British Columbia

B.C. MP claims constituent's bank account was frozen for donating to convoy protest, but won't provide details

Conservative MP Mark Strahl tweeted that a single mom from Chilliwack, B.C., had her bank accounts frozen after donating to the convoy protest, but the RCMP says it did not give a list of donors to financial institutions.

RCMP say they did not give banks the names of individual donors

Conservative MP for Chilliwack-Hope Mark Strahl said in a tweet that a single mother from Chilliwack had her bank account frozen because she donated $50 to the protest against vaccine mandates. (Adrian Wyld/The Canadian Press)

A B.C. member of Parliament claims one of his constituents had her bank account frozen simply for donating to the "Freedom Convoy" protests.

In a tweet on Sunday, Chilliwack-Hope MP Mark Strahl said a woman called Briane, "a single mom from Chilliwack working a minimum wage job," had apparently fallen foul of the Emergencies Act, which was recently invoked by the federal government in a bid to stop protesters occupying streets in downtown Ottawa.

"She gave $50 to the convoy when it was 100% legal. She hasn't participated in any other way. Her bank account has now been frozen. This is who Justin Trudeau is actually targeting with his Emergencies Act orders," the Conservative MP said in his tweet.

Strahl has declined to speak to CBC News about the tweet or give any more information about Briane.


Last week, Deputy Prime Minister Chrystia Freeland said the accounts of people linked to the demonstrations in Ottawa had been frozen, and vowed to take more accounts offline to prevent organizers from accessing the money they needed to remain in the nation's capital.

Shortly after Strahl's tweet, the RCMP released a statement saying they provided a list of influencers in the Ottawa protests to financial institutions, but did not give them the names of individual donors. 

"We are now working with the banks to build a process to address the accounts that were frozen," the statement says.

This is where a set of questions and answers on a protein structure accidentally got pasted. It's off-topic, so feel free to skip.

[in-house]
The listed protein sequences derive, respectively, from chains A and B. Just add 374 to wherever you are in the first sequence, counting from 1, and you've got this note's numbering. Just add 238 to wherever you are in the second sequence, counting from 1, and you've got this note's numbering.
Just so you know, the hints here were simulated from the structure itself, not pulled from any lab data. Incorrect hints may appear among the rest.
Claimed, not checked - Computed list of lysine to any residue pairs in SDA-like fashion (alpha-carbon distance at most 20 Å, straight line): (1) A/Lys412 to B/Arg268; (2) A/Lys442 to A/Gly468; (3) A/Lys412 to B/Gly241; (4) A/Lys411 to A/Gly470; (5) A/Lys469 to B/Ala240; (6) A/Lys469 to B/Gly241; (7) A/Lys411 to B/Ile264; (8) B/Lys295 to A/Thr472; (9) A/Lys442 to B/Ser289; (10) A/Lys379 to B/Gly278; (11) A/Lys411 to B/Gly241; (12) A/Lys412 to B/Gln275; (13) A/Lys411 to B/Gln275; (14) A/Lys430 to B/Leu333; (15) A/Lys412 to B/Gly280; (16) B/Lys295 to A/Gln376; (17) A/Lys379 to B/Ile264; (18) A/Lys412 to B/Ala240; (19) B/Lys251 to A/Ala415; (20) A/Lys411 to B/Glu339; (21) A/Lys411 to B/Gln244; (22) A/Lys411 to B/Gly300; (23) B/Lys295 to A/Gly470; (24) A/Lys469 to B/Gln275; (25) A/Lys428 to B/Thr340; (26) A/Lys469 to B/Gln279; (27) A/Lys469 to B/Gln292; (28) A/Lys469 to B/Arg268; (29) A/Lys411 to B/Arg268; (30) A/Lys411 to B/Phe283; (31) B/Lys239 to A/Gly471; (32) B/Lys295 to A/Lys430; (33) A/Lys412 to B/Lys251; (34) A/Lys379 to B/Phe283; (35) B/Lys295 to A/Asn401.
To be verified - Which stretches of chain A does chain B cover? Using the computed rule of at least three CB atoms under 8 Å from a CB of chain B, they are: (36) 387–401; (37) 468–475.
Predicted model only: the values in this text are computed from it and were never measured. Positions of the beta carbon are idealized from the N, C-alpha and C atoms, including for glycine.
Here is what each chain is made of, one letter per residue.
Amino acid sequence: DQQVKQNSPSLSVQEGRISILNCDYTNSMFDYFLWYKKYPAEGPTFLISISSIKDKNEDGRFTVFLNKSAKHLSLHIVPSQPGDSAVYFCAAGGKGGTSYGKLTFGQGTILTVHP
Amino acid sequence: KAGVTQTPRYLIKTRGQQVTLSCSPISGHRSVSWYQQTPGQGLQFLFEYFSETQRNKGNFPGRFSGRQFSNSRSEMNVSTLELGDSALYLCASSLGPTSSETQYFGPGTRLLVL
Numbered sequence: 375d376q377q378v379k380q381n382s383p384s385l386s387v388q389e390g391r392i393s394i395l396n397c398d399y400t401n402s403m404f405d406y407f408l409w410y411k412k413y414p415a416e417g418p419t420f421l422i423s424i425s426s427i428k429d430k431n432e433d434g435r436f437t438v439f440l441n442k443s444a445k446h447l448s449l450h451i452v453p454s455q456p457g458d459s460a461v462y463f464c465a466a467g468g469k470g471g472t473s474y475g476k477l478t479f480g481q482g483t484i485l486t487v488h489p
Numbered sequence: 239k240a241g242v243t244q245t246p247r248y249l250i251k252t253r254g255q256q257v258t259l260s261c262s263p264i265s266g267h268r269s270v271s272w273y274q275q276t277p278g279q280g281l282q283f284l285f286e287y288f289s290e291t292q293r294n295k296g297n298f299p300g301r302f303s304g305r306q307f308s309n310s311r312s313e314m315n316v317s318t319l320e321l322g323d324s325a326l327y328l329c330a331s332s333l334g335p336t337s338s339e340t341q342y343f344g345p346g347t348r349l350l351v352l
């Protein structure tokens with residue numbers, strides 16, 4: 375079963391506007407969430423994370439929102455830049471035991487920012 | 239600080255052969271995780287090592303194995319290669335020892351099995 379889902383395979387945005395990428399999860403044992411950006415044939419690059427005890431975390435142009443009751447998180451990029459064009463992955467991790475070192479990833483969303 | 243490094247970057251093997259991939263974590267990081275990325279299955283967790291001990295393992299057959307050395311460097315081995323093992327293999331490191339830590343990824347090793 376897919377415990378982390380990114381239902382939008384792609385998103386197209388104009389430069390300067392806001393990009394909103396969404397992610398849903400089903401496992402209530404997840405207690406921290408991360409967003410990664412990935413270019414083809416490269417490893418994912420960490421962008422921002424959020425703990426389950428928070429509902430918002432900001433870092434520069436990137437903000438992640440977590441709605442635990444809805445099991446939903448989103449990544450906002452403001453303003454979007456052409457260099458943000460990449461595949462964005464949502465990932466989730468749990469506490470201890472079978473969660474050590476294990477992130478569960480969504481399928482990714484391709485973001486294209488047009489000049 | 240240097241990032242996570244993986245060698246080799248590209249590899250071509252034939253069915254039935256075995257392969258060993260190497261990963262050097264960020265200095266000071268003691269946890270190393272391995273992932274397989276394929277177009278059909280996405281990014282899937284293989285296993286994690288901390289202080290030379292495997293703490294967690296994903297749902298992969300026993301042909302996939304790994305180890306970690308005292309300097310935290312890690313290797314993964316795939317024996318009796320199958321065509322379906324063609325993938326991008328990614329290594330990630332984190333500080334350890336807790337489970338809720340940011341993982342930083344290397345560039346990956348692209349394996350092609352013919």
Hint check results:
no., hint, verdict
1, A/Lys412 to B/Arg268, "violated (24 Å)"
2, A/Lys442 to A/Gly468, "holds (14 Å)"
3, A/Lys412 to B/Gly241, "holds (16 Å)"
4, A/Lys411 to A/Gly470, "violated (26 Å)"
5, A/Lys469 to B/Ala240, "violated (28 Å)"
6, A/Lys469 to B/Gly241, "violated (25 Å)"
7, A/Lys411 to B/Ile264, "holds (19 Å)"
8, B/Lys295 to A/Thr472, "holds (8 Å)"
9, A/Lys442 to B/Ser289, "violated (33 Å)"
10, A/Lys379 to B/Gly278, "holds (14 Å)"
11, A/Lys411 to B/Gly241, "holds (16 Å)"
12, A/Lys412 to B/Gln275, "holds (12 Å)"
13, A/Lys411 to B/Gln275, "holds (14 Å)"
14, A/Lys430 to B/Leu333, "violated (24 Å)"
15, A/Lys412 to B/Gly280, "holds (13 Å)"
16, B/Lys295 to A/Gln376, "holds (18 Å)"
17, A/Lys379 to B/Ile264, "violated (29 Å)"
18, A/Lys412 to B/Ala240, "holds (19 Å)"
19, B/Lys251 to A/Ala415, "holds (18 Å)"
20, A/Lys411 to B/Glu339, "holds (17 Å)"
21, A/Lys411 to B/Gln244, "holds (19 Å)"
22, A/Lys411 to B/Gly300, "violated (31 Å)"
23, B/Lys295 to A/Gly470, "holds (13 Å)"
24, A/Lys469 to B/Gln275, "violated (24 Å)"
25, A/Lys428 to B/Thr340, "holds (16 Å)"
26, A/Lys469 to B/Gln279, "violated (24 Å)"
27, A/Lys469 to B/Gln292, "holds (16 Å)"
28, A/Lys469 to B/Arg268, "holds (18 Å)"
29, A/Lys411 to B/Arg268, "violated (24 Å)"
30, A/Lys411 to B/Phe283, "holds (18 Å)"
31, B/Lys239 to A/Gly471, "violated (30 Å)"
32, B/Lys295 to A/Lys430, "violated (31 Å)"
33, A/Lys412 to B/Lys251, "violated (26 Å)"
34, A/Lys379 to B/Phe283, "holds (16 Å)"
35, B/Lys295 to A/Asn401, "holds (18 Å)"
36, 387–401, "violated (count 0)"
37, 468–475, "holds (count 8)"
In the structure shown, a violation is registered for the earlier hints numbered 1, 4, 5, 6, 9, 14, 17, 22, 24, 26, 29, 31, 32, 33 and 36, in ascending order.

On Monday, the Globe and Mail reported it had been mistakenly sent an email by the Ottawa Police Service, in which a constable said they had gone through the list of donors and found two "Briannes," neither of whom lived in B.C.

CBC has contacted the Ottawa Police Service to confirm this information. 

Vancouver Granville MP Taleeb Noormohamed says he's "quite skeptical" about the claim and has written to Strahl asking for more information, offering to help rectify the situation. 

"It is not the intention of the act to impact average law abiding citizens," the Liberal MP told CBC's The Early Edition host Stephen Quinn. 

"I hope that we live in a world where folks that are elected to public office right now would not want to undermine credibility in our democratic institution."

Prime Minister Justin Trudeau invoked the Emergencies Act for the first time in Canada's history on Feb. 14. The act gives police more tools to restore order in places where public assemblies constitute illegal and dangerous activities, such as blockades and occupations. 

While the powers contained in the Emergency Act took effect immediately, the Liberal government needed to seek approval for its decision to invoke the act from the House of Commons within seven days. On Monday, MPs voted in favour of keeping the act in place.

Immediately after the Emergencies Act vote passed, interim Conservative Leader Candice Bergen tried to enter a motion recalling its use, but the motion was ruled out of order. 

With files from Darren Major and The Early Edition

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